Book Review 2008 #27: Majestrum

My latest book is another volume in Matthew Hughes’ expanding oeuvre about his Dying-Earth like world of the Archonate, Majestrum.


As I have mentioned in previous entries on my blog, Matthew Hughes is a writer whose main body of work revolves around a far future earth which might be usefully thought of as taking place an eon or two before Vance’s Dying Earth. Science is still the dominant force in the universe, but there are suggestions that Magic is waiting in the wings, and the sun, while bright, has changed to a deeper orange color.
Into this realm, in this book, strides Discriminator Henghis Hapthorn. Possessing a strangely transformed AI, now in the form of a wizard’s familiar, and in addition, a split personality in the back of his mind, Henghis is the foremost freelance investigator in the world, if not the entire “Spray” of inhabited worlds.
In the course of Majestrum, Henghis is contracted for a number of cases, which, while at first seem to have nothing to do with each other, in the end start to draw together into a single whole tapestry that the Archonate’s answer to Sherlock Holmes slowly brings to light…
Henghis is a very droll character in an very interesting world. Hughes’ voice and writing have improved and developed. He reads less like a pastiche of Vance and more of a voice in his own right. While fans of Vance (like me) will find much to love here, Hughes’ writing is much less aping him and rather more nuanced homage and commentary. I enjoyed the character and his adventures with a most satisfactory and catholic thoroughness. And more importantly, the little details of his worlds. For example, the way the aristocracy limits their interactions with their perceived inferiors and how to get around that:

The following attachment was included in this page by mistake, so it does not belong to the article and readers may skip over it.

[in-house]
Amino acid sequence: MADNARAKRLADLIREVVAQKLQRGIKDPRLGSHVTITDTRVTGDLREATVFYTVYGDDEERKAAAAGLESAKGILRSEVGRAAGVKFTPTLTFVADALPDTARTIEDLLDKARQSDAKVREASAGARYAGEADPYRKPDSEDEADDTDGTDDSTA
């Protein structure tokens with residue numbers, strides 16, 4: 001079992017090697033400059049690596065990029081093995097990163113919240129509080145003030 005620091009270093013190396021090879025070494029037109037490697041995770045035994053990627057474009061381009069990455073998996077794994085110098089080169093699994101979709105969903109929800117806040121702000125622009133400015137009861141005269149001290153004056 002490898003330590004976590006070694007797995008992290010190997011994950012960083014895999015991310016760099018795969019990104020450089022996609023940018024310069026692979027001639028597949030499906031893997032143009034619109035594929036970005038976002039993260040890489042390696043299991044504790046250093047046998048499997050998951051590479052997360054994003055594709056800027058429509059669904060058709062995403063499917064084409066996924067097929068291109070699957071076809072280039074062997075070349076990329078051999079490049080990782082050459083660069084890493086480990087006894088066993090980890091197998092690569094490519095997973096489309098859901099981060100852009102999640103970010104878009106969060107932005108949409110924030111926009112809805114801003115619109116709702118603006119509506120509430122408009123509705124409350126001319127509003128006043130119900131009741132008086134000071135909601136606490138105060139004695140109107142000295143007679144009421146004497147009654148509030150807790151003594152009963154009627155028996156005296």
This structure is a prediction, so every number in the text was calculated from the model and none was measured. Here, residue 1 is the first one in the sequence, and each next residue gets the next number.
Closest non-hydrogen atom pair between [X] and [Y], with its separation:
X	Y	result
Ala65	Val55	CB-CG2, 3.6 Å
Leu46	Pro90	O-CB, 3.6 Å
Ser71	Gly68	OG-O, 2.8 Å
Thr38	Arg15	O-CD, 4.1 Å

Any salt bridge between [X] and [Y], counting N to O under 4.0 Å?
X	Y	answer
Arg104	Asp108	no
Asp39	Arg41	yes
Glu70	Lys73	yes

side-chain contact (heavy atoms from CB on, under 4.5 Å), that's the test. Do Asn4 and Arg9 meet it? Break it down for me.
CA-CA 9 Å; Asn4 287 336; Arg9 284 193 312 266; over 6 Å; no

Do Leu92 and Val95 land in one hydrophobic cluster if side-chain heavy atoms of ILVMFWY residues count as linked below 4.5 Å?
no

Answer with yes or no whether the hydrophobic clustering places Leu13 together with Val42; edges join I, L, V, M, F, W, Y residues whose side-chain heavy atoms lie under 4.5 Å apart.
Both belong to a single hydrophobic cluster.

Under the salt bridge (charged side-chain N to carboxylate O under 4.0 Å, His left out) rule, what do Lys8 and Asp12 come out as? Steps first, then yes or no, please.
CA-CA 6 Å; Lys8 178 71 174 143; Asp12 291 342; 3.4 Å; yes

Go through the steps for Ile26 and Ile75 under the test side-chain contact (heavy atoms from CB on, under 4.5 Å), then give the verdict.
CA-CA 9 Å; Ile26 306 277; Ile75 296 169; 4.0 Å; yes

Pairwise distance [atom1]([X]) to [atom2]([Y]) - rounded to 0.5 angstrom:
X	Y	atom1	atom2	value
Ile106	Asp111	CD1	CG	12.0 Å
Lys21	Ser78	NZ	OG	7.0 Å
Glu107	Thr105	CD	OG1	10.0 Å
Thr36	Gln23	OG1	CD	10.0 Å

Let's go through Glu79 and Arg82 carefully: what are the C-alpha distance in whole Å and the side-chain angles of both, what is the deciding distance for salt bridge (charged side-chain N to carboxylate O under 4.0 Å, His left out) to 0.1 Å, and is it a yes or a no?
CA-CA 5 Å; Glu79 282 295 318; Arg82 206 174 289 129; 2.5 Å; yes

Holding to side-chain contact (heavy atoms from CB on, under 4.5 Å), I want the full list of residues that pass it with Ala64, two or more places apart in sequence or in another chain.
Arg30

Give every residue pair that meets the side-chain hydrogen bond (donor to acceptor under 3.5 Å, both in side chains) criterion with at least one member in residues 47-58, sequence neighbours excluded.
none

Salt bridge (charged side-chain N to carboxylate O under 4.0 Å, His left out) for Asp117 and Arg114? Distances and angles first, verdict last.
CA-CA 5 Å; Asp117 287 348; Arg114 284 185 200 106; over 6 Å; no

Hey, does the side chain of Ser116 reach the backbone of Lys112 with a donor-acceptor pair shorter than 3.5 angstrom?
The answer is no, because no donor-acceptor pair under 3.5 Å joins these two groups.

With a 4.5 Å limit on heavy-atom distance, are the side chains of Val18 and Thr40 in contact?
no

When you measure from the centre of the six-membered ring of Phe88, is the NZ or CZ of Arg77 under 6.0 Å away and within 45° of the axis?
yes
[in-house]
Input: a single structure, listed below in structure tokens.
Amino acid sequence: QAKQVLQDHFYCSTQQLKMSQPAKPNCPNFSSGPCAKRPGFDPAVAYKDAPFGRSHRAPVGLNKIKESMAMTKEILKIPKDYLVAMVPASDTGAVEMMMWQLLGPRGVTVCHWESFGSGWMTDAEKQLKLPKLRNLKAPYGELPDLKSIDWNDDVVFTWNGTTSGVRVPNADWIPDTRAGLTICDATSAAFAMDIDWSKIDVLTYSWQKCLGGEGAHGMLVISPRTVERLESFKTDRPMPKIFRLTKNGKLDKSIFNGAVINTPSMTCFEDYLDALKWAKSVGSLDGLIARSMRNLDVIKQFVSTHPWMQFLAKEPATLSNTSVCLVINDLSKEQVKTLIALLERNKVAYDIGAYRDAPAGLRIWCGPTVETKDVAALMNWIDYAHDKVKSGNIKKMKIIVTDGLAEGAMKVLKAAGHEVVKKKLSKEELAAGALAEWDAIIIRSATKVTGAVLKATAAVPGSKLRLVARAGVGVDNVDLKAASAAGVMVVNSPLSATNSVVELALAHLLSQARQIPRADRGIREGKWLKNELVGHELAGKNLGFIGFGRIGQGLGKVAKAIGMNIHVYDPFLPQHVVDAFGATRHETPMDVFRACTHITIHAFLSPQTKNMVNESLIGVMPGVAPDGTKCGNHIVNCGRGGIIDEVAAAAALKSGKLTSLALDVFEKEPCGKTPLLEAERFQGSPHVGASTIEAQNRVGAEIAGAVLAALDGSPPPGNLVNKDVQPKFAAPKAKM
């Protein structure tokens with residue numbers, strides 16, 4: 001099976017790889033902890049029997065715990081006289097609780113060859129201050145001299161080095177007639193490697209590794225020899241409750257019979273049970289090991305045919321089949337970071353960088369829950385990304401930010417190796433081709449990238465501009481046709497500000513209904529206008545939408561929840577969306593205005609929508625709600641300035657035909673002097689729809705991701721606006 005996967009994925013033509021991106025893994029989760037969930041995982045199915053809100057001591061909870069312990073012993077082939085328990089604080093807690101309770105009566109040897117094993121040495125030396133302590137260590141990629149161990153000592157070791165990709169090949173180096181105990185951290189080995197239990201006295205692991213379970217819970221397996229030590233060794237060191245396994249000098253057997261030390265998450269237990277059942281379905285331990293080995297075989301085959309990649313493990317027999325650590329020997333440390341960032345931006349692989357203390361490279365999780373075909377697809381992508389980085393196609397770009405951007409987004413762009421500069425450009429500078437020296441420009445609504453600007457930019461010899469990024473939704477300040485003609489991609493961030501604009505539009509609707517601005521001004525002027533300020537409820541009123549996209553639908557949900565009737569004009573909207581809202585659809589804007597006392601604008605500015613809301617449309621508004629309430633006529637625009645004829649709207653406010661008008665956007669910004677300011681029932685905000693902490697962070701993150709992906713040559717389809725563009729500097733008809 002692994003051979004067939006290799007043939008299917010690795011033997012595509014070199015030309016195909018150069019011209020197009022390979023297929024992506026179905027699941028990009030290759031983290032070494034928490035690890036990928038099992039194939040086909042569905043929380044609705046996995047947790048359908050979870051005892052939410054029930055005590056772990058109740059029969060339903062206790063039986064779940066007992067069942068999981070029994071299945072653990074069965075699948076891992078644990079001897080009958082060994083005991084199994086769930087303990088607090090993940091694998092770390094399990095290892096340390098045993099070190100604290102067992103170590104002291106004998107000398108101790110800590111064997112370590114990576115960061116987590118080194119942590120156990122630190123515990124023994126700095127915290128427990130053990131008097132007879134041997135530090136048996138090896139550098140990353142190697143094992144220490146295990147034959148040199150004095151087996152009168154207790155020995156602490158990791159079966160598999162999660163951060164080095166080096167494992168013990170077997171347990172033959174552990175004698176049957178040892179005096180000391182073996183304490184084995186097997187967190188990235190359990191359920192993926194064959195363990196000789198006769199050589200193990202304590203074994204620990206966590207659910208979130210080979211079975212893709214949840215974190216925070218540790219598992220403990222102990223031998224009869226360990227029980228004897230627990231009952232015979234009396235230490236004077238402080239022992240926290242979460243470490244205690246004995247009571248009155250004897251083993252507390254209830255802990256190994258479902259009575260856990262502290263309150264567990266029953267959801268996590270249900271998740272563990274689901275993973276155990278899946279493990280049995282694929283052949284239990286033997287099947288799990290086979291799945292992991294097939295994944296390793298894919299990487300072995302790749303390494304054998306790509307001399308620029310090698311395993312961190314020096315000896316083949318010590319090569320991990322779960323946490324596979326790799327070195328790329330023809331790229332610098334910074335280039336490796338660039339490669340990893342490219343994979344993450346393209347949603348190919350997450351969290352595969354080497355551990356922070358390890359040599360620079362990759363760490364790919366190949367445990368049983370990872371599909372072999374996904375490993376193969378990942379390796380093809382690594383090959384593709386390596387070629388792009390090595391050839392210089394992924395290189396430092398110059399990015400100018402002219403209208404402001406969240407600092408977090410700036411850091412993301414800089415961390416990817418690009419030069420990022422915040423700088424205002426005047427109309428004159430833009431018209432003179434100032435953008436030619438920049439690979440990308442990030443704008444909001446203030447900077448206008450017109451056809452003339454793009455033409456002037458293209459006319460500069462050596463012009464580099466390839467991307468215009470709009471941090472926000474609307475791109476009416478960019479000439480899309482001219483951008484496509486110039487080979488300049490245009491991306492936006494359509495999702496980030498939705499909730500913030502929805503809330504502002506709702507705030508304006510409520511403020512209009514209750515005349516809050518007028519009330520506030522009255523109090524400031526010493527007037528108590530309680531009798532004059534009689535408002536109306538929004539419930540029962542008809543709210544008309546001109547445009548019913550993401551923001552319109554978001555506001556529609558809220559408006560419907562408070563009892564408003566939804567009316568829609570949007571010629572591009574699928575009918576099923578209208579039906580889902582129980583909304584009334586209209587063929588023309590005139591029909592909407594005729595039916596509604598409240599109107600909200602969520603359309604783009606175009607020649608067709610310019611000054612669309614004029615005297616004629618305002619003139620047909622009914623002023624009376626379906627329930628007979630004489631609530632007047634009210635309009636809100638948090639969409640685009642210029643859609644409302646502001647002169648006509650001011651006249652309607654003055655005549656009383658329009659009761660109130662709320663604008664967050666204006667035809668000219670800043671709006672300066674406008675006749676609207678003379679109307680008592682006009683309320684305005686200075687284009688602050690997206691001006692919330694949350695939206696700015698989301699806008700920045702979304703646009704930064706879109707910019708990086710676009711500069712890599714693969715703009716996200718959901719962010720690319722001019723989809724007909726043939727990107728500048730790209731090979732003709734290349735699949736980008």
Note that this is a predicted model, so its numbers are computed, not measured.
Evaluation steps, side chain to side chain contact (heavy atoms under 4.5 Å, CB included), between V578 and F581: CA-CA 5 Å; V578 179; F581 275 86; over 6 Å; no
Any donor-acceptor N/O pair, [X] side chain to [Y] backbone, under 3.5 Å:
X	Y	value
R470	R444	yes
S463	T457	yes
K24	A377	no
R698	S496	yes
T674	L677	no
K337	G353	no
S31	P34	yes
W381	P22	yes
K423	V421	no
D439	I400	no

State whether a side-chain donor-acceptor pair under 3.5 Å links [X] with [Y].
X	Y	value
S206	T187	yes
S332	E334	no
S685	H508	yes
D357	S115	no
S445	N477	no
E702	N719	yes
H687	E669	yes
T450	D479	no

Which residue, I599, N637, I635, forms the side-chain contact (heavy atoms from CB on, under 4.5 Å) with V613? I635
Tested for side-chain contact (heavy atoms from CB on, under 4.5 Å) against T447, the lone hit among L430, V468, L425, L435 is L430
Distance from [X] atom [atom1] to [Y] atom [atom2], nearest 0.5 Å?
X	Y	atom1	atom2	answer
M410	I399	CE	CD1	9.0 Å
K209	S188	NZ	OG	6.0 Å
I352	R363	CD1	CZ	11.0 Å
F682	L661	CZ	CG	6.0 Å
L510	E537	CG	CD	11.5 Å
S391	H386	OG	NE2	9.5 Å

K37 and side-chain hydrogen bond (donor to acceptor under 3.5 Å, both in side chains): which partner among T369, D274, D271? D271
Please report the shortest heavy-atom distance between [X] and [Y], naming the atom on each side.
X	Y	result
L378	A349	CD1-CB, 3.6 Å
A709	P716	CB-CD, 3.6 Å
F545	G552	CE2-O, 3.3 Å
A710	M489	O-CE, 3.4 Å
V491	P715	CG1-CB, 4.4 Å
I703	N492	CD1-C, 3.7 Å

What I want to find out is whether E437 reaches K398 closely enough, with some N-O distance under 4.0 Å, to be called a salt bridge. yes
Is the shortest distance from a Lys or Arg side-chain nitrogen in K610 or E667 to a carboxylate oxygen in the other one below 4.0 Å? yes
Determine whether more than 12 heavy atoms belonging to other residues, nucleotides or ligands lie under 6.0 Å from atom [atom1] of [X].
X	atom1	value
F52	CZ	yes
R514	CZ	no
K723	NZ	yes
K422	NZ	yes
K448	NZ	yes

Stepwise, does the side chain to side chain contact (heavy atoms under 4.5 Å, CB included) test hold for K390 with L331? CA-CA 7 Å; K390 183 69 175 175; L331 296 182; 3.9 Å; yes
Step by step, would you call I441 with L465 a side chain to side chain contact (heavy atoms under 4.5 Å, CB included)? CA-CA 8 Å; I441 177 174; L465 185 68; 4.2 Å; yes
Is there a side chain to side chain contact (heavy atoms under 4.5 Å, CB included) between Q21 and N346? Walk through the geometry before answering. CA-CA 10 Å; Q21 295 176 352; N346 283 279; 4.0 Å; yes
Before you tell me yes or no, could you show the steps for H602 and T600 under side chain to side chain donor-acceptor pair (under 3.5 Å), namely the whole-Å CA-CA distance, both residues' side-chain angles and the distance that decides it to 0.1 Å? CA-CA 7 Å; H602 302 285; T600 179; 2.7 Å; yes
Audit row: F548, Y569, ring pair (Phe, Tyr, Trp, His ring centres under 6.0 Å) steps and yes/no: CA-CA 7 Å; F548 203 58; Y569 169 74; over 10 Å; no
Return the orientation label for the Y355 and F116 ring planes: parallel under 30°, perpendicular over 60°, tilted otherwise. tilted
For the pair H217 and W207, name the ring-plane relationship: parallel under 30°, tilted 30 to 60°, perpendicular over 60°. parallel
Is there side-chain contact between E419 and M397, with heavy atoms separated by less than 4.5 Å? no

“Say that I will be presently,” I said. I went to a wall cabinet and brought forth a cincture of woven metallic fibers; I bound it around my skull so that a lozenge fixed to its mid point was centered on my forehead. The small plaque was inlaid with the insignia of a honorary rank that had been bestowed on me by the Archon Dezendah Vesh some years before, in gratitude for discreet services.
I signaled to my integrator that I was ready. Instantly, a screen appeared in the air before me and, a moment later, it filled with the aristocrat’s elongated face. His abstracted gaze seemed to slide over me as if unable to get a grip, then managed to achieve focus. It was to assist Lord Afre’s perception that I had donned the Archonate token. Members of the uppermost strata of Old Earth’s human aristocracy had, over the millennia, become increasingly attuned to such symbols. They could see rank quite clearly, and could perceive details of clothing and accessories so long as they were fashionable. Persons who possessed neither title nor office often found it difficult to attract and hold their attention, although their household servants were able to do so by adopting specific postures and gestures while wearing livery.
Afre’s pale and narrow lips parted, permitting a few words to escape in the drawl that was fashionable among the upper reaches of Olkney society. “Hapthorn? That you?”

Once again, I look forward to reading even more of the Archonate (and in fact my next book completed will also be by Hughes, a book of stories mainly set there). Fans of Vance, especially, shouldn’t miss Hughes’ work.